Tuesday, October 5, 2010

Her Instruction #1: Go see Tissot

I thought: Watercolor. I can handle watercolor. They weren't even very big. I could have stolen 3 off the wall, slipped them in my folder, and walked out of the museum.

It was the middle of the day.

There were other people around.

124 paintings.

It all sounded sort of boring boring.

I didn't make it past Joseph leaning over his workbench... looking for Mary... worried because they're only betrothed...

For sure, I didn't make it past the shepherds worshipping the Christ child. You should see the folds in Mary's white robe. You should see the all the faces and the rooster.

Carrying a piece of wood for his father.
Changing water into wine.
Healing the Lepers at Capernaum.
Filling the fishermen's nets.

I couldn't help but have a good cry.

Tissot had the audacity to paint what Christ saw from the cross.
And his angels are sometimes blue (with flames on their foreheads).

Tissot used to paint fashionable women.
He meticulously detailed their fashions.
One day he was in a cathedral at mass and had a vision of Christ.
In the vision, a building had collapsed.
Christ, bloody & scourged, was comforting the survivors.
(He was sitting next to them.)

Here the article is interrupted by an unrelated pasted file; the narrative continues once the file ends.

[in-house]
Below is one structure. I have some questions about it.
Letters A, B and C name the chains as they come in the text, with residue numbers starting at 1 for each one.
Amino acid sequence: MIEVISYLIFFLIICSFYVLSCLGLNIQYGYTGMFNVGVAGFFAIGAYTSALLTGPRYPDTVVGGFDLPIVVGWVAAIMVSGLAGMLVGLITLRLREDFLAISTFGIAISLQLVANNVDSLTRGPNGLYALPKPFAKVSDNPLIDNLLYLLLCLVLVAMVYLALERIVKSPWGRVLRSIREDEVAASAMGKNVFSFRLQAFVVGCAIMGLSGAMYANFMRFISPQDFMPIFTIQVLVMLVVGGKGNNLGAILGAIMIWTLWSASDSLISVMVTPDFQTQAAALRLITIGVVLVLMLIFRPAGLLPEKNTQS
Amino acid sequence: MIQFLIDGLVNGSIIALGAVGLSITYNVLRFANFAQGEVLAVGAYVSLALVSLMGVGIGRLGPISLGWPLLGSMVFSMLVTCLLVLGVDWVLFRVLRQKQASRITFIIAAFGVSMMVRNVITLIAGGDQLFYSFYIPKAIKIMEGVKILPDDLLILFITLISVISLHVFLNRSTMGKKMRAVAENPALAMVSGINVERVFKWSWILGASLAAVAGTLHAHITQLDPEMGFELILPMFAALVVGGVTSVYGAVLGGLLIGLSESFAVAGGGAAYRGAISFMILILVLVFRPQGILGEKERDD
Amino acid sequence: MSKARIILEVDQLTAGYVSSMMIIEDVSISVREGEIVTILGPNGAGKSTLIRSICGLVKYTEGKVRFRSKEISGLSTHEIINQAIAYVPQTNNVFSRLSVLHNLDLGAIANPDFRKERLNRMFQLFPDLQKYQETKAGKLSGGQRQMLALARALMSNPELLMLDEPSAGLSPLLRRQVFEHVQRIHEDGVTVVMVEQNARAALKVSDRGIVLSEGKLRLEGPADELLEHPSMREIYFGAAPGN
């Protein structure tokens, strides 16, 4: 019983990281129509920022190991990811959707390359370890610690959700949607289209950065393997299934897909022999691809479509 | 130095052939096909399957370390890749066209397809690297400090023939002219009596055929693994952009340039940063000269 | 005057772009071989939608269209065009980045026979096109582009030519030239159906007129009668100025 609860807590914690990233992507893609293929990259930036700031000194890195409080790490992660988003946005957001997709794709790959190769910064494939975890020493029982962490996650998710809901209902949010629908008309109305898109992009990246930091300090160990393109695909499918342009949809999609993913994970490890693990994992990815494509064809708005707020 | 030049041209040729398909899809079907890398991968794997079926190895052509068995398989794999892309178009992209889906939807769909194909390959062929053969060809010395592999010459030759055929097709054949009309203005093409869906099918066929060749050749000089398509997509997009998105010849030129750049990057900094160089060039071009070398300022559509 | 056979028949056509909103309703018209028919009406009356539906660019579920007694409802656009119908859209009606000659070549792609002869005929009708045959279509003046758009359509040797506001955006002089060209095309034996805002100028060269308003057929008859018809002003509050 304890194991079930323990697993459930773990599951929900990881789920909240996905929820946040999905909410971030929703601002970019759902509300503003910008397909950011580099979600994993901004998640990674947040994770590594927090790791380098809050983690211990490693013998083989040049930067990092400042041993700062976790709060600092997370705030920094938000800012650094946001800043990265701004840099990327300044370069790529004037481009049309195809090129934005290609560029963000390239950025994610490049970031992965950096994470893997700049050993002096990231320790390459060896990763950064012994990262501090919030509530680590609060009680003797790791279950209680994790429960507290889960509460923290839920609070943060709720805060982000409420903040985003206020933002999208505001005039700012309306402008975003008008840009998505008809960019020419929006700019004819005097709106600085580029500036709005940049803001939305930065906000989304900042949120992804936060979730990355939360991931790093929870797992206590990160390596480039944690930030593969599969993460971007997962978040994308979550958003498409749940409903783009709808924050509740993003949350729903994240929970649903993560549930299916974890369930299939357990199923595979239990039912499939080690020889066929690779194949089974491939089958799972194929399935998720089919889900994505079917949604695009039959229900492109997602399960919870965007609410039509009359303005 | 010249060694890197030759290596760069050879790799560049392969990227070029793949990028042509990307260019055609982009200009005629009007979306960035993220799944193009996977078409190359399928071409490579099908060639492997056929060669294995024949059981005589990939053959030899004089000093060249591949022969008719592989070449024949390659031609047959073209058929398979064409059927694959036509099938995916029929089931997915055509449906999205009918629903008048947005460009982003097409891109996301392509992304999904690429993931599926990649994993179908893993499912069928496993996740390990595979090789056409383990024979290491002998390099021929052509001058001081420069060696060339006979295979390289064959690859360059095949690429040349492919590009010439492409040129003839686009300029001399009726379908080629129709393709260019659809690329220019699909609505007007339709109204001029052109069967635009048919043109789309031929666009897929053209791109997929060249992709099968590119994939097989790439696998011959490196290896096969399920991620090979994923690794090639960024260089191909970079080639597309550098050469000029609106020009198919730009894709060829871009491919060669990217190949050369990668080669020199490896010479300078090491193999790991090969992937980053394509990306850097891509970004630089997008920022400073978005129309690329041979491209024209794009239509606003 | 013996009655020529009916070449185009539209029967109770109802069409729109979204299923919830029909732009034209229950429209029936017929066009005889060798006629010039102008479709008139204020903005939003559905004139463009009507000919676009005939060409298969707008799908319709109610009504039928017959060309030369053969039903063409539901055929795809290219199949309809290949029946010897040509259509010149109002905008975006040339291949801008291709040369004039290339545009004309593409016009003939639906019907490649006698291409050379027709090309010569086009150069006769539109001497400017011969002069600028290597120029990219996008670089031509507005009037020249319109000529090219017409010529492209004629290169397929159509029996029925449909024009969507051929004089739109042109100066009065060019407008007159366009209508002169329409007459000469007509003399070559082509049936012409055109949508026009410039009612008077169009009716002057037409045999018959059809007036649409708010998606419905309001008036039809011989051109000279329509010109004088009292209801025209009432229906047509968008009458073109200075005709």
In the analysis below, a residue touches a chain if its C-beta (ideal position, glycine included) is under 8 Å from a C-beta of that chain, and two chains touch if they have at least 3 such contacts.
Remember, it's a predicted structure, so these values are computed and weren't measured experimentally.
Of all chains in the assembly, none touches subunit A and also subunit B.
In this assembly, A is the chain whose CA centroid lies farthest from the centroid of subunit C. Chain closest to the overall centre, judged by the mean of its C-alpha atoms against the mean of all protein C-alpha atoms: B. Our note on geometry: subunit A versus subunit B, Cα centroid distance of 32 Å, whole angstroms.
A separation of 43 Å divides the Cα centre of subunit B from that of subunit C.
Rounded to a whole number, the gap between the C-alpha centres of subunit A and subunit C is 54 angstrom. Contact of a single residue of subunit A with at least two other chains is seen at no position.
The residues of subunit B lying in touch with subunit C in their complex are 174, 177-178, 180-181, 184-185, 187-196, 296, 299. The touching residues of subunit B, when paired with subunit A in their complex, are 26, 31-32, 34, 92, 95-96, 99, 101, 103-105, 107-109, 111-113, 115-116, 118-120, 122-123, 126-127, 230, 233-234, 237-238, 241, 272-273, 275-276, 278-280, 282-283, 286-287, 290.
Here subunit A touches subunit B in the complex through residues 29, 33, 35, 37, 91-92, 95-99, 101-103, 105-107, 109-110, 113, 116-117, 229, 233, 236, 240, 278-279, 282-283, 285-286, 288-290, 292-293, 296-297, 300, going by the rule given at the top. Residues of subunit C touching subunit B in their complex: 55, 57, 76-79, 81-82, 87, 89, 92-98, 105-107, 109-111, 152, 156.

Tissot's collection took many years of intense study and travel.
When the paintings finally debuted--
They say the visitors cried.
Some of them crawled from painting to painting.

For more go here and BYU's Museum of Art


  1. Thank you for the fantastic review. I'll have to go.

  2. I've never heard of him! His paintings look incredible.

  3. Ems, That is so insane. I felt driven to go look at the exhibit yesterday and would have written about my experience if it weren't for looking like I was a total copy-cat. Great minds think alike I guess! The thing that impressed me the most about Tissot was how unique each painting was. I went into the exhibit trying to look at the art without any expectations. As I looked at each one, I felt they were harsh and left me unsettled (especially the one with his his faceprint in blood on the cloth). I couldn't understand why I was feeling this way about James FREAKING Tissot! Then I took a step back and thought about where Tissot came from and his time period. I can't imagine what his life was like during the late 19th century in France. I realized that influenced his work so much. He was different from me, and Christ had touched his life in the personal way that he expresses in his art. That brought me to understand the miracle of the Atonement. It was applicable to Tissot in a

  4. WE SAW THIS IN JUNE!!!! It was so amazing, while the twins were in bball camp Jerry and I were thoroughly amazed at this exhibition...it was so great, glad you thought so too.


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